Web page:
Monday, November 29, 2010
As everyone knows by now, Oracle won a huge ($1.3 billion) judgment in its lawsuit against SAP/TomorrowNow (TN) for copyright infringement. SAP had acquired its now-shuttered TN unit to provide third-party support for some Oracle business applications in hopes of winning those customers over to SAP. SAP is considering an appeal of the jury verdict, the largest ever in a copyright case.
In the meantime, Oracle has a lawsuit pending against another third-party support provider, Rimini Street. At first glance, Rimini Street "looks like" TN in that both are/were providers of third-party support for Oracle applications. Furthermore, Oracle's lawsuit makes similar allegations--some of it appears to have been cut and pasted from its suit against SAP.
So it would be easy to assume that Oracle's hand against Rimini Street has been strengthened by its win against SAP.
Why Rimini Street isn't TomorrowNowIt would be easy, but it would be wrong. Here's why:
I suspect Oracle would like to have these two lawsuits run together in the mind of customers, prospects, and the general public. But, Rimini Street appears determined not to let that happen.
- Admission of liability. Nearly from the start, SAP admitted that something was wrong down at its TN unit. By the time the case went to trial, SAP had basically thrown in the towel, admitting not only that TN had violated Oracle's copyrights but that SAP itself knew about the illegal behavior.
In contrast, Rimini Street is making no such admissions. It has from the beginning steadfastly rejected all allegations that it is violating or has violated Oracle's IP rights. In several interviews I've conducted with the firm's executives over the past three years, it has claimed to have established clear policies and standards to prevent such misuse and has offered to have Oracle audit its practices. Oracle has refused such offers, choosing instead to file a lawsuit. So much for allowing Rimini Street to compete fairly.
- Counter-punching. From the start, SAP was playing defense against Oracle's allegations. It never counter-sued or alleged misdeeds on the part of Oracle.
In constrast, Rimini Street is fighting back. In a statement sent to me by Rimini Street last week, the firm writes, "While SAP chose not to challenge Oracle's allegations of liability, Rimini Street is aggressively challenging Oracle's allegations and prosecuting its own claims against Oracle."
It goes on, "While SAP chose not to challenge Oracle's allegations, Rimini Street has countersued, accusing Oracle of defamation and using illegal and unfair practices to stifle competition for the lucrative support and maintenance business. Rimini Street intends to stop what it believes are Oracle's illegal actions and is seeking to hold Oracle responsible for its conduct."
In other words, if Oracle thought Rimini Street would simply roll over, it thought wrong.
SAP's hands were tied against OracleThe ironic part of the Oracle v. SAP/TN case is that SAP couldn't mount a vigorous defense without shooting itself (forget about the foot!) in the head. SAP, like Oracle, is addicted to its lucrative maintenance business. It is baffling why SAP chose to acquire TN in the first place, for some tactical advantage in converting a few Oracle customers to SAP? While undermining its whole business model for sustaining revenues from its installed base? What was SAP thinking?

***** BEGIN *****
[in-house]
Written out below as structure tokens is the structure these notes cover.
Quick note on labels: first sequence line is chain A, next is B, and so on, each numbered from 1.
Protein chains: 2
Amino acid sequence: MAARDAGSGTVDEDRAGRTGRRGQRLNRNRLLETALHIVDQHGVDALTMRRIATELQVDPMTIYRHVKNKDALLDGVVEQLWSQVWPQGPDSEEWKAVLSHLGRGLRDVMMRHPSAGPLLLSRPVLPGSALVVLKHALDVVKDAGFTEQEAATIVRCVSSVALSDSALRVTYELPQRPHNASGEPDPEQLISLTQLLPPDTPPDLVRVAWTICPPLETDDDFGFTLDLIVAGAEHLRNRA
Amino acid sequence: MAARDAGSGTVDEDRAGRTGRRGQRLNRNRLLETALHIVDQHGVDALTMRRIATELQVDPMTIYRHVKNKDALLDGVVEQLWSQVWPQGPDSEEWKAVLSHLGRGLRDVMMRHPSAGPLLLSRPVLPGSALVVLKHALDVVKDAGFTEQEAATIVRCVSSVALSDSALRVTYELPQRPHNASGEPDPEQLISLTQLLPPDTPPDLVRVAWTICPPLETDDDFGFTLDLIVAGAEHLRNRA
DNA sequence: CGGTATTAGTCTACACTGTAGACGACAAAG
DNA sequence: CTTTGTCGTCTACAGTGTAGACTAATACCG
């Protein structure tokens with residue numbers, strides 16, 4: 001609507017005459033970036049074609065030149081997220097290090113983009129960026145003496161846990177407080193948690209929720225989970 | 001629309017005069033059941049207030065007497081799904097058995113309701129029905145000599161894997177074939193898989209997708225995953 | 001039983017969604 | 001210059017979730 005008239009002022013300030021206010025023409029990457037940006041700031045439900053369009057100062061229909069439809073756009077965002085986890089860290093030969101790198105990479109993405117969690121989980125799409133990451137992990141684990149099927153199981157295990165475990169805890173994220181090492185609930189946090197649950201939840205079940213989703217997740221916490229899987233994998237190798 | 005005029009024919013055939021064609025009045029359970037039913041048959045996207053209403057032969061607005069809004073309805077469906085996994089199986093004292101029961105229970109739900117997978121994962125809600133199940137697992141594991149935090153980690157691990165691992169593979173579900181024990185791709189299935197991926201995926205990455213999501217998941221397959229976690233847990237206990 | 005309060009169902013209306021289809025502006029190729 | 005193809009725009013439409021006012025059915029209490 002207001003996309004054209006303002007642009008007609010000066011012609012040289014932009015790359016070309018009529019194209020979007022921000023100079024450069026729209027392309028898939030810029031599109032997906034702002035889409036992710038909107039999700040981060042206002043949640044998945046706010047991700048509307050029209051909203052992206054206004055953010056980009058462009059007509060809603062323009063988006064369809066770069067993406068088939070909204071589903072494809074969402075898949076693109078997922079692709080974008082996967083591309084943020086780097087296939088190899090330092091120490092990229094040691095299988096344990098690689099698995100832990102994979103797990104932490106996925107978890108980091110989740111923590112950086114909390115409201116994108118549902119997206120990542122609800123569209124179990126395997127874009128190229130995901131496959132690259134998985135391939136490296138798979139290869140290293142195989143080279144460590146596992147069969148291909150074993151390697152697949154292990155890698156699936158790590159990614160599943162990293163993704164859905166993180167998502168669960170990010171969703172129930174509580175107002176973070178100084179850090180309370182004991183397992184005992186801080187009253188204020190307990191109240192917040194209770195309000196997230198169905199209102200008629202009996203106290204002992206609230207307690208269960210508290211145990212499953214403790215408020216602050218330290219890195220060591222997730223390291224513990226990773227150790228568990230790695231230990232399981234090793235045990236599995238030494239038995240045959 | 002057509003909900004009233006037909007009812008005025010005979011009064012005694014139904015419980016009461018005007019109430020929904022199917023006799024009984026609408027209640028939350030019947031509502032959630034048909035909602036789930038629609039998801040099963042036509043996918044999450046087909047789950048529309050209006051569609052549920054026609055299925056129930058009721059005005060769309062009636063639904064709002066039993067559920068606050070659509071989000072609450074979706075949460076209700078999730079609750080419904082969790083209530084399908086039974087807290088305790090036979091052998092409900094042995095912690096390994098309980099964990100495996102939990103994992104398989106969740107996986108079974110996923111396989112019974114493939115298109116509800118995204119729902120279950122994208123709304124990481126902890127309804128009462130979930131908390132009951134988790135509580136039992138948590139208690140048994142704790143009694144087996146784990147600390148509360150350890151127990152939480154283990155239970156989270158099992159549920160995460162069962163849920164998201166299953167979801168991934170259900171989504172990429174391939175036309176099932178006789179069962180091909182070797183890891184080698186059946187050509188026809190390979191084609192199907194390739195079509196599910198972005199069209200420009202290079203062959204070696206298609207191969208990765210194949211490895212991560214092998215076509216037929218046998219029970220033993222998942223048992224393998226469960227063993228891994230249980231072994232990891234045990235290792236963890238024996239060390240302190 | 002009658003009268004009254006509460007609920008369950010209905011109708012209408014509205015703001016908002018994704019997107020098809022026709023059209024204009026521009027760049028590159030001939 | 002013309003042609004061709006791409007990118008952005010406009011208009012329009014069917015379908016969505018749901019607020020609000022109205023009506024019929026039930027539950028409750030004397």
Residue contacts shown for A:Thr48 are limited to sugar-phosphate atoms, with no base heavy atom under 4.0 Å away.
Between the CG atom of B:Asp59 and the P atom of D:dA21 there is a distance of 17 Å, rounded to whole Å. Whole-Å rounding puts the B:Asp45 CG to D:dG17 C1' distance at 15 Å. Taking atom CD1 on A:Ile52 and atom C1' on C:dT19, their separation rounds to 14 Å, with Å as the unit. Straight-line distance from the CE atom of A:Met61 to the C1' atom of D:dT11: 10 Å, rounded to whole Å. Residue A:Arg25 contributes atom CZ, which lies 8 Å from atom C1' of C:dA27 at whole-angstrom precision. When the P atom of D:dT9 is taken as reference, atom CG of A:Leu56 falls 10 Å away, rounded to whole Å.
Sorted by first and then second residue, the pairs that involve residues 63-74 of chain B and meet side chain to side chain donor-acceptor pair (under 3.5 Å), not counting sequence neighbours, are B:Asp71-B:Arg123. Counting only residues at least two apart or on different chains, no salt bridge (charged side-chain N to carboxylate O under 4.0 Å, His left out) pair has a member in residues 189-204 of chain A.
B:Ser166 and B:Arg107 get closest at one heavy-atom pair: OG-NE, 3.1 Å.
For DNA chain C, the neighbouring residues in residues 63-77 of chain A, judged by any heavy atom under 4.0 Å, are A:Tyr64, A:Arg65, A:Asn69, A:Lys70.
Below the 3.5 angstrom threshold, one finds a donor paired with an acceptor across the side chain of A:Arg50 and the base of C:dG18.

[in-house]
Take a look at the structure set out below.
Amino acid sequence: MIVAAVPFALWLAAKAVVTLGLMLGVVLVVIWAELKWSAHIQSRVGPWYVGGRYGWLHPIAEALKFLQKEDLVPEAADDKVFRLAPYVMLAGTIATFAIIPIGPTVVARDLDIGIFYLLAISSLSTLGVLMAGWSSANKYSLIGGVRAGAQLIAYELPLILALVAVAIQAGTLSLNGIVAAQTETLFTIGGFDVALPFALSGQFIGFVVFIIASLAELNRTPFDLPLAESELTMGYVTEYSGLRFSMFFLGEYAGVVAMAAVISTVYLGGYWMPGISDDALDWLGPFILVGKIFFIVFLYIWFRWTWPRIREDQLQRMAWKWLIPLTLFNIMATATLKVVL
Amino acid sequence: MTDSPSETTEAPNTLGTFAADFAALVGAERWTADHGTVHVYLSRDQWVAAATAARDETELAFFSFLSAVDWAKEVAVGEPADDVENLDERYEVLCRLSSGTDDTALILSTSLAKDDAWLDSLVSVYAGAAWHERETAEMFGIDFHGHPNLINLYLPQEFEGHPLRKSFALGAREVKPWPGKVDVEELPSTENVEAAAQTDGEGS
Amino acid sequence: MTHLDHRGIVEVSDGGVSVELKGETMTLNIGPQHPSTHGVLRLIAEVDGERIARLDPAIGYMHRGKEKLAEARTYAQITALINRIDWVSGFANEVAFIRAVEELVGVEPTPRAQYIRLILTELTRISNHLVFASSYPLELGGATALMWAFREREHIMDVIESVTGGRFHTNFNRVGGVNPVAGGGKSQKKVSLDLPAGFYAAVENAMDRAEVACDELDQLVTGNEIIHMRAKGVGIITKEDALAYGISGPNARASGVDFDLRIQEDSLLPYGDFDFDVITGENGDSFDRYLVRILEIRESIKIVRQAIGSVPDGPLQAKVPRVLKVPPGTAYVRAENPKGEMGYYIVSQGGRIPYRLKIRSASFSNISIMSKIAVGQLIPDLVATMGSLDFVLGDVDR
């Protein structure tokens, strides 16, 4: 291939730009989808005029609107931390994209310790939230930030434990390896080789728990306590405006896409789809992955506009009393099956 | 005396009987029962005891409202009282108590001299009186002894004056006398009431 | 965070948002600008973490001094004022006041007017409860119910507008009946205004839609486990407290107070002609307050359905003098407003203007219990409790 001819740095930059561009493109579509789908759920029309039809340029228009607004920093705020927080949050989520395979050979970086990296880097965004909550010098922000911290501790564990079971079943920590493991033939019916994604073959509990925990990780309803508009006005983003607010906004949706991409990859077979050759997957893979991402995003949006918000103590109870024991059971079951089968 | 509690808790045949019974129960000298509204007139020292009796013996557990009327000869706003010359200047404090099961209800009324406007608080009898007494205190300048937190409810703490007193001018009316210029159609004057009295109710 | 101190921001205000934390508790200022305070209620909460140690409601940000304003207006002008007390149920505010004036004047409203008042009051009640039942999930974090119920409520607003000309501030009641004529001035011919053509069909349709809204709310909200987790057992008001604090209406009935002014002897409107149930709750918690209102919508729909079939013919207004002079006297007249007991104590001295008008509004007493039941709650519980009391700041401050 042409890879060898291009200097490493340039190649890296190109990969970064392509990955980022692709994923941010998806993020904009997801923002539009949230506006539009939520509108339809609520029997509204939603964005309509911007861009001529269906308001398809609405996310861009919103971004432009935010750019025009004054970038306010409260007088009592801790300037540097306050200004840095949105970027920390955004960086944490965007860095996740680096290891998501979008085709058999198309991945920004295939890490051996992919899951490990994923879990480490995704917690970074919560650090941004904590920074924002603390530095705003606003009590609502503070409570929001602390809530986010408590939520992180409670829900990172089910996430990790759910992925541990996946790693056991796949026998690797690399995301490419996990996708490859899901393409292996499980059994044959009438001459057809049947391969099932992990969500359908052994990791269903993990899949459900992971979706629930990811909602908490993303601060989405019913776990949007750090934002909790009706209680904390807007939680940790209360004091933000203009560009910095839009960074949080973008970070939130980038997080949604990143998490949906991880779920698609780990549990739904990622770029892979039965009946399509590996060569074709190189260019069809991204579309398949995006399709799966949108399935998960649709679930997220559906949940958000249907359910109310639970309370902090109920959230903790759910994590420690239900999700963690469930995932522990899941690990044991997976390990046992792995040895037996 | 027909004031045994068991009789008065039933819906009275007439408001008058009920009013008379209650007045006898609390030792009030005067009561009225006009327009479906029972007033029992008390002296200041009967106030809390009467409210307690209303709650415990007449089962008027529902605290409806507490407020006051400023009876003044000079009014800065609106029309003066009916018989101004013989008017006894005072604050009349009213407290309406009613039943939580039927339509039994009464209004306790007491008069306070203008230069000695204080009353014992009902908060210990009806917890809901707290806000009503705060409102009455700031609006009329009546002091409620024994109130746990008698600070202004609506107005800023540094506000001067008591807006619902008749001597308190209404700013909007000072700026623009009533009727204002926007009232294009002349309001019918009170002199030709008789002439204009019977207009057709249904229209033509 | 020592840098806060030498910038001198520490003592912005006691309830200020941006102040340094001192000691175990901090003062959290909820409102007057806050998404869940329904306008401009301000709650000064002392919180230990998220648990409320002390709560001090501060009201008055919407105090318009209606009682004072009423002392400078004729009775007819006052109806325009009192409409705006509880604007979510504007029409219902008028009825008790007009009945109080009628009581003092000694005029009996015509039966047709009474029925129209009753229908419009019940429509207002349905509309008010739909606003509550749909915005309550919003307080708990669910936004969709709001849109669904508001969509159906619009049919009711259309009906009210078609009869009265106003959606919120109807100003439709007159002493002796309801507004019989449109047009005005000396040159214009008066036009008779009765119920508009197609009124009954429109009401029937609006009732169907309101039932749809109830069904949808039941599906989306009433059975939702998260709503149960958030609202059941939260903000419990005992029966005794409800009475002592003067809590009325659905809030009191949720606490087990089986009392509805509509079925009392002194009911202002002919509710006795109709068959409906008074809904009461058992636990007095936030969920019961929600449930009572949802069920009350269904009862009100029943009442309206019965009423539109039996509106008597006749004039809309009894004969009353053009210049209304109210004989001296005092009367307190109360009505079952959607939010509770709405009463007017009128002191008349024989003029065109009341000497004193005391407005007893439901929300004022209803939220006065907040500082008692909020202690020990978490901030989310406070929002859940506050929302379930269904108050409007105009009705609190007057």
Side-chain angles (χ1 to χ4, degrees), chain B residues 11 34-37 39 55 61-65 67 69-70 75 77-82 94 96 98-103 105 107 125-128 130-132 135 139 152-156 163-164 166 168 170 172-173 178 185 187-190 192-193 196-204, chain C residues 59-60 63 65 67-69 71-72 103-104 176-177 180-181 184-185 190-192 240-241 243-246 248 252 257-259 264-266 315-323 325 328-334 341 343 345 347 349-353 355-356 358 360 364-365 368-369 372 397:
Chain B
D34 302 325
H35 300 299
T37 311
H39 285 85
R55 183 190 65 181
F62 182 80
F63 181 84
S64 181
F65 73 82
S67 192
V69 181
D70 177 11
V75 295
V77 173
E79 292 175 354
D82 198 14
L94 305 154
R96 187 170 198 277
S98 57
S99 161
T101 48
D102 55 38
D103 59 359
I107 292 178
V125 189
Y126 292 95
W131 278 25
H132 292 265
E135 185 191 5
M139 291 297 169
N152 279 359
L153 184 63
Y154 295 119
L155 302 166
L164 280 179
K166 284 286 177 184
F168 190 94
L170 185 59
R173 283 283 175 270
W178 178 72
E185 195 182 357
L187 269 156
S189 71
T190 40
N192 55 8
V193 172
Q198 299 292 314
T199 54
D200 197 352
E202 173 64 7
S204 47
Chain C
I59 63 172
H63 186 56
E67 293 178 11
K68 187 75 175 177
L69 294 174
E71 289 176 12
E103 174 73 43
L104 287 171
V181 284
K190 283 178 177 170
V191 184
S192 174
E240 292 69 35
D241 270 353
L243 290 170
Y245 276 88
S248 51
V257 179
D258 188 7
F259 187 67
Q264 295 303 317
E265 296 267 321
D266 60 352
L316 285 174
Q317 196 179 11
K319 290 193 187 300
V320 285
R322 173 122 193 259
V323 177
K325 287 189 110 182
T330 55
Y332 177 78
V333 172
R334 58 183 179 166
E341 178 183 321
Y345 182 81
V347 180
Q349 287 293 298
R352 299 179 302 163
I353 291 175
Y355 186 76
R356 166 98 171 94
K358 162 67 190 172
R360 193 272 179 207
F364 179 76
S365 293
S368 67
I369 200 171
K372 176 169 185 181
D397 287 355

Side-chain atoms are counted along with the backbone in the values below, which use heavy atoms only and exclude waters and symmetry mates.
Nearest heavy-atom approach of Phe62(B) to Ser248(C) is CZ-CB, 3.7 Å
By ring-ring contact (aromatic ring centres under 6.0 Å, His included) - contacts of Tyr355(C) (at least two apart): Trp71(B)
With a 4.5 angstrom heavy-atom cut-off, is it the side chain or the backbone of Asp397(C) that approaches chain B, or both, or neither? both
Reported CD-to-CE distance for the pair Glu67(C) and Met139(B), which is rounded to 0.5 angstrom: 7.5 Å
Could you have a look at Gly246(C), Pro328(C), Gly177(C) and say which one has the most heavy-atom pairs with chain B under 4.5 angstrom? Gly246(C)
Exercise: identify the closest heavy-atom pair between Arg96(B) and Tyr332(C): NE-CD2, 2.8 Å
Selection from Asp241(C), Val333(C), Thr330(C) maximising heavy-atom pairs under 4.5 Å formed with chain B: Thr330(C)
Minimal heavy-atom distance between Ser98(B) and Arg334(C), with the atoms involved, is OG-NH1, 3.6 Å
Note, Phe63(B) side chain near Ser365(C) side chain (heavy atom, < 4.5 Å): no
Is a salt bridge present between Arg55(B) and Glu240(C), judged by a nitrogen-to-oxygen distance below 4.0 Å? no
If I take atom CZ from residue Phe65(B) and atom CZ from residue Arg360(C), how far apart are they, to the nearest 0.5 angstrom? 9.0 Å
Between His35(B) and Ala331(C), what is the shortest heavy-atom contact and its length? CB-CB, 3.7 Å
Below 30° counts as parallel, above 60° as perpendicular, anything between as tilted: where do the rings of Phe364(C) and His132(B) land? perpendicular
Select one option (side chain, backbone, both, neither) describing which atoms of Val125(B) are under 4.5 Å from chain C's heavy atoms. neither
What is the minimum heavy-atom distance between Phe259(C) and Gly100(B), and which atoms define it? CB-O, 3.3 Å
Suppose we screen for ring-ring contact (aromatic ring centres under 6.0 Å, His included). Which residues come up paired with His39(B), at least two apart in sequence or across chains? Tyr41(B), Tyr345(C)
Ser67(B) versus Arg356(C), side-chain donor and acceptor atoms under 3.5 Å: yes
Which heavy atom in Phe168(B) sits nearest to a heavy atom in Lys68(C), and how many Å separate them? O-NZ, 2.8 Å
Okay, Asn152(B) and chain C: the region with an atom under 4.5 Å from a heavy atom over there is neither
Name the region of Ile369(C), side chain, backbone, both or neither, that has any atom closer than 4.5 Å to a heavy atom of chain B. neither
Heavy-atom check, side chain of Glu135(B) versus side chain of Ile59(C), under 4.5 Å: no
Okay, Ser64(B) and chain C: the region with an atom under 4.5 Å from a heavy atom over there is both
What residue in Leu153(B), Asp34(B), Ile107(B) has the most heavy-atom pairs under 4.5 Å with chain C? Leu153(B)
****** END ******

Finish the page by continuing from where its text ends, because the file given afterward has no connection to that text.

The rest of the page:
So, when Oracle filed suit against SAP, what was SAP supposed to do--counter-sue Oracle for restraint of trade and unfair competition, and thereby conceding to any large hungry system integrator or competitor (think, IBM or HP) that its own installed base maintenance revenues were ripe for picking? Of course, SAP had to defend itself. But it couldn't defend itself too strongly, lest it wind up giving legal precedent to the third-party support industry. As it turns out, as the case proceeded through discovery, Rimini Street announced it would begin offering third-party support services for SAP's customers in addition to the services it was offering to Oracle customers. So, SAP was stuck between the proverbial rock and a hard place.
Rimini Street has no such baggage. It can and appears to be willing to mount a vigorous defense of its own rights to offer third-party support services, based on the contractual rights of customers to self-maintain their licensed software, while respecting the IP rights of OEM software vendors.
Why Rimini Street's case is importantAs Rimini Street stresses in its statement this week, "both Oracle and SAP have acknowledged that third-party support is legal." I covered this point back in 2008 in a post entitled, Legal basis for third-party ERP support industry. In a little-noticed letter filed by SAP as part of pretrial discovery, TomorrowNow strongly asserted its legal right to offer third-party support for PeopleSoft customers, and PeopleSoft backed down from its claim that such support was illegal. Furthermore, to my knowledge, Oracle has not gone so far as to argue that TN had no right to offer support. Only that it did so by stealing Oracle's IP.